Tuesday, 20 April 2010

After the party.

‘I’ve been tricked into reading a Mills & Boon,’ said my mate Eoin in a text earlier today. ‘This book of yours is a love story about you and P.’ Without wanting to blow my own horn (actually, sod that; I’d happily toot the Trumpet Voluntary when it comes to my marriage) it’s not the first time I’ve heard it said. (Mind you, Eoin is the first bloke to have pointed it out, the big soft sod.) And to me, hearing my book called a love story is as much of a compliment as people saying they’ve enjoyed my writing.


I’ve been asked about P a lot in the interviews and conversations I’ve had since The C-Word launched, and rightly so – because as well as the lead male in my life, he’s also the lead male in my book. People have asked whether The Bullshit has made us stronger (I don’t think so; we were an impressively tight team in the first place), whether I’d have been able to do it all without him (yes, but purely because I’d have had no other choice) and what it is about me and P that works so well. That last question is a tougher one to answer. It’s like trying to pinpoint why Brian Clough and Peter Taylor made the perfect double-act, or why Lennon and McCartney were so prolific (yep – that is the high regard in which I hold my relationship). In truth, though, I am aware of at least one secret of our success: P has a rather brilliant way of telling me to shut the fuck up.

Now, I can be a bit of a bolshy cow at times. And generally, when there’s something niggling away in my mind, it tends to manifest itself in narkiness towards P before it actually makes its way out of my mouth in a more dignified fashion. Like before chemo, when I’d yawp at him for the way he read the newspaper, or prior to my last surgery, when I chewed at him for the way he shut the blinds. In fact, I was doing it even before I could use The Bullshit as an excuse – and never better than on the day after our wedding.

The morning following our nuptials was fine – lovely, in fact. Hand in hand, we headed down from the bridal suite as man and wife for a gorgeous breakfast, met by well wishes and knowing winks from our guests. (Little did they know, the bride had ruined the need for her sexy Rigby & Peller ensemble with a series of tequila shots bought by the groom’s mates. The way I see it, if you’re sober enough to consummate your marriage that night, you’ve not had enough fun at the wedding.) Later that day, we packed everyone off with a cupcake and a kiss and stayed at our beautiful venue for one more night with the plan of having a romantic evening in, drinking champagne in our Jacuzzi bath and reminiscing about The Best Day Of Our Lives over a lovely dinner. Only it didn’t quite work out like that. Because I, for reasons known only to myself, spoiled it by throwing an almighty strop.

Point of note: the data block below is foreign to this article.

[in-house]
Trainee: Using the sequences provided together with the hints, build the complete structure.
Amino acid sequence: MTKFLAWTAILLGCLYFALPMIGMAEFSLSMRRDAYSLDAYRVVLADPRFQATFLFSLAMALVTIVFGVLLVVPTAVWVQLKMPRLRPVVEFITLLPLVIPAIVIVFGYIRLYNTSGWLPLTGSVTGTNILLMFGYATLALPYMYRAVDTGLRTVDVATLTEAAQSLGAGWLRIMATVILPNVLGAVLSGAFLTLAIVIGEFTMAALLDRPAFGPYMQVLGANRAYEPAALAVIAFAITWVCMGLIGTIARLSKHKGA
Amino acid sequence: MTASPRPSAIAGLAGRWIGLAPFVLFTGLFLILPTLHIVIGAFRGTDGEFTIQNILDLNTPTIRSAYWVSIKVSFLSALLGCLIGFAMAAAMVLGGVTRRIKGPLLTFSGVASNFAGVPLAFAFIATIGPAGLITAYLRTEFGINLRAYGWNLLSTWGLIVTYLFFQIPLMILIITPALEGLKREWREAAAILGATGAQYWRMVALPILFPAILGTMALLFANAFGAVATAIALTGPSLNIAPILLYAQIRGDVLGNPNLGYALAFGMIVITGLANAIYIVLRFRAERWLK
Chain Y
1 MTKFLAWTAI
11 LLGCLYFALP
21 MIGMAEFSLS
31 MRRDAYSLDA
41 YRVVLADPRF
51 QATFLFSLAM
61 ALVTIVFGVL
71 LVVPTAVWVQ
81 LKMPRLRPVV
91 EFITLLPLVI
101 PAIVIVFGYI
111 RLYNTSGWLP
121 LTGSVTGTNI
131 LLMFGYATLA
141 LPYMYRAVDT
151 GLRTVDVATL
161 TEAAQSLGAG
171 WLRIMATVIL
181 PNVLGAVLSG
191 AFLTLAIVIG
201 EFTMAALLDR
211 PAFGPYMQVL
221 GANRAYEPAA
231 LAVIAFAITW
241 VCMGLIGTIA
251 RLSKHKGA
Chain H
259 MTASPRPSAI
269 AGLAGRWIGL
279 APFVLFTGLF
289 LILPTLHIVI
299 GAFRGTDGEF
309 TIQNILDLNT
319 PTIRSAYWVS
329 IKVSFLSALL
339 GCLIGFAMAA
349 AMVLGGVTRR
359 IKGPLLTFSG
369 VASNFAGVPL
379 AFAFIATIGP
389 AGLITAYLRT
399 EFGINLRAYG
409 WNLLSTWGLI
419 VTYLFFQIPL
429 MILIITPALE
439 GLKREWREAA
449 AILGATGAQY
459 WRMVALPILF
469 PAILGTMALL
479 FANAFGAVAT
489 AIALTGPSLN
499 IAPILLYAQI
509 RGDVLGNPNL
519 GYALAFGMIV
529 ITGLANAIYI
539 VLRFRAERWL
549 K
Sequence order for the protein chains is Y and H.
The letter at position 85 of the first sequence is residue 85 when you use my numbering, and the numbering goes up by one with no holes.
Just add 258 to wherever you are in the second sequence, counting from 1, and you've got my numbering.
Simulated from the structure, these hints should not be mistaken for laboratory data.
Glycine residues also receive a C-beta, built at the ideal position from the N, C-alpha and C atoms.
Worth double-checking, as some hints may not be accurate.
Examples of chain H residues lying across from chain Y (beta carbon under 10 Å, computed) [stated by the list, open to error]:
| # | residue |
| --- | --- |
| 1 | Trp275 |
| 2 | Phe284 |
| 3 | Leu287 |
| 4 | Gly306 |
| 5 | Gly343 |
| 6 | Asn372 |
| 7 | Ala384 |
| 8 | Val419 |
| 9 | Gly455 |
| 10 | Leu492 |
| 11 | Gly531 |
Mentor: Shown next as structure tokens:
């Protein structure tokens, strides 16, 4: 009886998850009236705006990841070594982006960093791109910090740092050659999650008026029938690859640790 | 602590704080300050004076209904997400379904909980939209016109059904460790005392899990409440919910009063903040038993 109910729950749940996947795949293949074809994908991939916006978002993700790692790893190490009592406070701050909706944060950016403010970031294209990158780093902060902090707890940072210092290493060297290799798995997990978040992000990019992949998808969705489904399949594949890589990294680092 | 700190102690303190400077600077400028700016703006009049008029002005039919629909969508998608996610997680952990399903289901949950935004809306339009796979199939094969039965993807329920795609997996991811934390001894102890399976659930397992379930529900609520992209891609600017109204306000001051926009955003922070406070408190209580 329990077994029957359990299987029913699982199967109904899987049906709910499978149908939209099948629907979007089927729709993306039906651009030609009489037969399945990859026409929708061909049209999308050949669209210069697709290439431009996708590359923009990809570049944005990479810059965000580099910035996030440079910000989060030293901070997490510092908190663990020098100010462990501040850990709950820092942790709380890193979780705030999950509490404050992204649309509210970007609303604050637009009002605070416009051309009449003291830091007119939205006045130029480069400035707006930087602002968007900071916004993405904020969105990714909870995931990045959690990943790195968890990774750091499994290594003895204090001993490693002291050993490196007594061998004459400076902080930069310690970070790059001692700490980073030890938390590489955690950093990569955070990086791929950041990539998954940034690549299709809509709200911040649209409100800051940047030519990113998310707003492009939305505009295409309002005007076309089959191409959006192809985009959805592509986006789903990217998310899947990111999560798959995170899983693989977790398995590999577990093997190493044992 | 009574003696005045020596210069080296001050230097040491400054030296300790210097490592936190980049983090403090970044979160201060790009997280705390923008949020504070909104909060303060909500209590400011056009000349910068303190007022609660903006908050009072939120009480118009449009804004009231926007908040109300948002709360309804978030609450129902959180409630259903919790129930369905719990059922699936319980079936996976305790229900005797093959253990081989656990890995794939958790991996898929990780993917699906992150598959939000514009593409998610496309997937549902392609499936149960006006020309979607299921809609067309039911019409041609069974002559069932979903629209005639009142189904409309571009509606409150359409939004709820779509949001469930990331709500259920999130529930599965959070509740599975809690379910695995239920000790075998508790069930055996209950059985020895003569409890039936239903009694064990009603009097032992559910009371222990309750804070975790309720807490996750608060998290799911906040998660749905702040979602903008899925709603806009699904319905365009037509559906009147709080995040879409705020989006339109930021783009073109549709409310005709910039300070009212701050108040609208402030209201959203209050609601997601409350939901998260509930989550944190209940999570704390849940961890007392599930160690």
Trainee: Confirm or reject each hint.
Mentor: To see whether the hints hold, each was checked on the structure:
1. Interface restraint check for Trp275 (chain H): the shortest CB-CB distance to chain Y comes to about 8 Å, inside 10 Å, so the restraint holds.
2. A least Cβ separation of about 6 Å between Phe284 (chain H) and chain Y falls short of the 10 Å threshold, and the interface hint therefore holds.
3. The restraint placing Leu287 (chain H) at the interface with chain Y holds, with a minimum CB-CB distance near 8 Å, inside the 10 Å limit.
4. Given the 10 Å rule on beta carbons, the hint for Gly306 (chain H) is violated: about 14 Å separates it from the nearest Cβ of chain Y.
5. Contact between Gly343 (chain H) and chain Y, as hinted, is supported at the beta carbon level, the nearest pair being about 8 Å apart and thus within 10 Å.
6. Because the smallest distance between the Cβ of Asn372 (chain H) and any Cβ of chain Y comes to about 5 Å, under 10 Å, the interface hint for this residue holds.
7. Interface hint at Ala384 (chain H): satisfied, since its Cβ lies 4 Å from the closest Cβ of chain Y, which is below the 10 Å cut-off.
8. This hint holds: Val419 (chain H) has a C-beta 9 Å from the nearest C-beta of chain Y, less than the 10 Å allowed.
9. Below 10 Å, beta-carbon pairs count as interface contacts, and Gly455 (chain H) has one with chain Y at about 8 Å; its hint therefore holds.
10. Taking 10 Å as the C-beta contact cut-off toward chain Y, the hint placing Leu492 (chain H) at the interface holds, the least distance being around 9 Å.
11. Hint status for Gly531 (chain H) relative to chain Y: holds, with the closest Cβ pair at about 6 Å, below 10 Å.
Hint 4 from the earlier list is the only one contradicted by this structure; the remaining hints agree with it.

It was a combination of factors (your honour). Brides of the future, be warned: the day after your wedding is one helluva comedown. The depressant qualities of booze play their part, I imagine. And there is, I suppose, an argument for brides not drinking whatever is thrust into their hand throughout the day. In reality, though, P and I were at the best party we’d ever been to, and we were damn well going to enjoy it as much as everyone else there. Then there’s the normal-clothes factor. I don’t care what outfit you’ve chosen to wear the day after your wedding – it could be a diamond-encrusted robe or a Gaga-esque bodysuit – compared to the exquisite gown of the day before, you’ll suddenly feel so ordinary that you might as well be wearing your pyjamas. And of course there’s the lack of sleep. Because however tired I felt after a day so exhaustingly fun that no amount of wedding planning could have prepped me for it, I went to bed so wired that I physically couldn’t shut my eyes. Add that to the simple fact that your wedding is o-v-e-r, and I’ll wager that I’m not the first bride to have thrown her tiara out of the marital bed 24 hours after saying ‘I do’. I’m less likely, however, to put money on all grooms handling it as well as mine did.


How poor P lasted through an afternoon of sporadic cartoon sobbing I’ll never know (perhaps his Blackberry-Googling was for annulment lawyers instead of cricket scores?) but by early evening he cracked. And I can remember the exact whinge that did it.
‘What the bloody hell is up with you, woman?’ he asked, his eyebrows furrowed so low they were practically a moustache.
‘My dress! I’ll never wear my dress again!’ I wailed.
‘Don’t be daft, you can try it on whenever you want.’
‘But I’m not the bride any more!’ I snivelled. ‘Now I’m just a wife with a credit-card bill!’
Just?!’
‘I’ll never be a bride again!’ I spluttered, ignoring his comeback.
‘You bloody will be if you keep this up,’ P barked. His lack of a jovial tone snapped me out of my melodrama with a Derren Brown finger-click, and my snivelling came to an immediate halt.
‘You,’ he shouted, ‘are being a fucking nightmare.’
He was right; I was. And so I stopped. Just like that. No further conversation necessary. No guilts, no soul-searching, no deconstructing, no clipped answers, no funny moods. Just shut up and move on. And I bloody love that about my husband.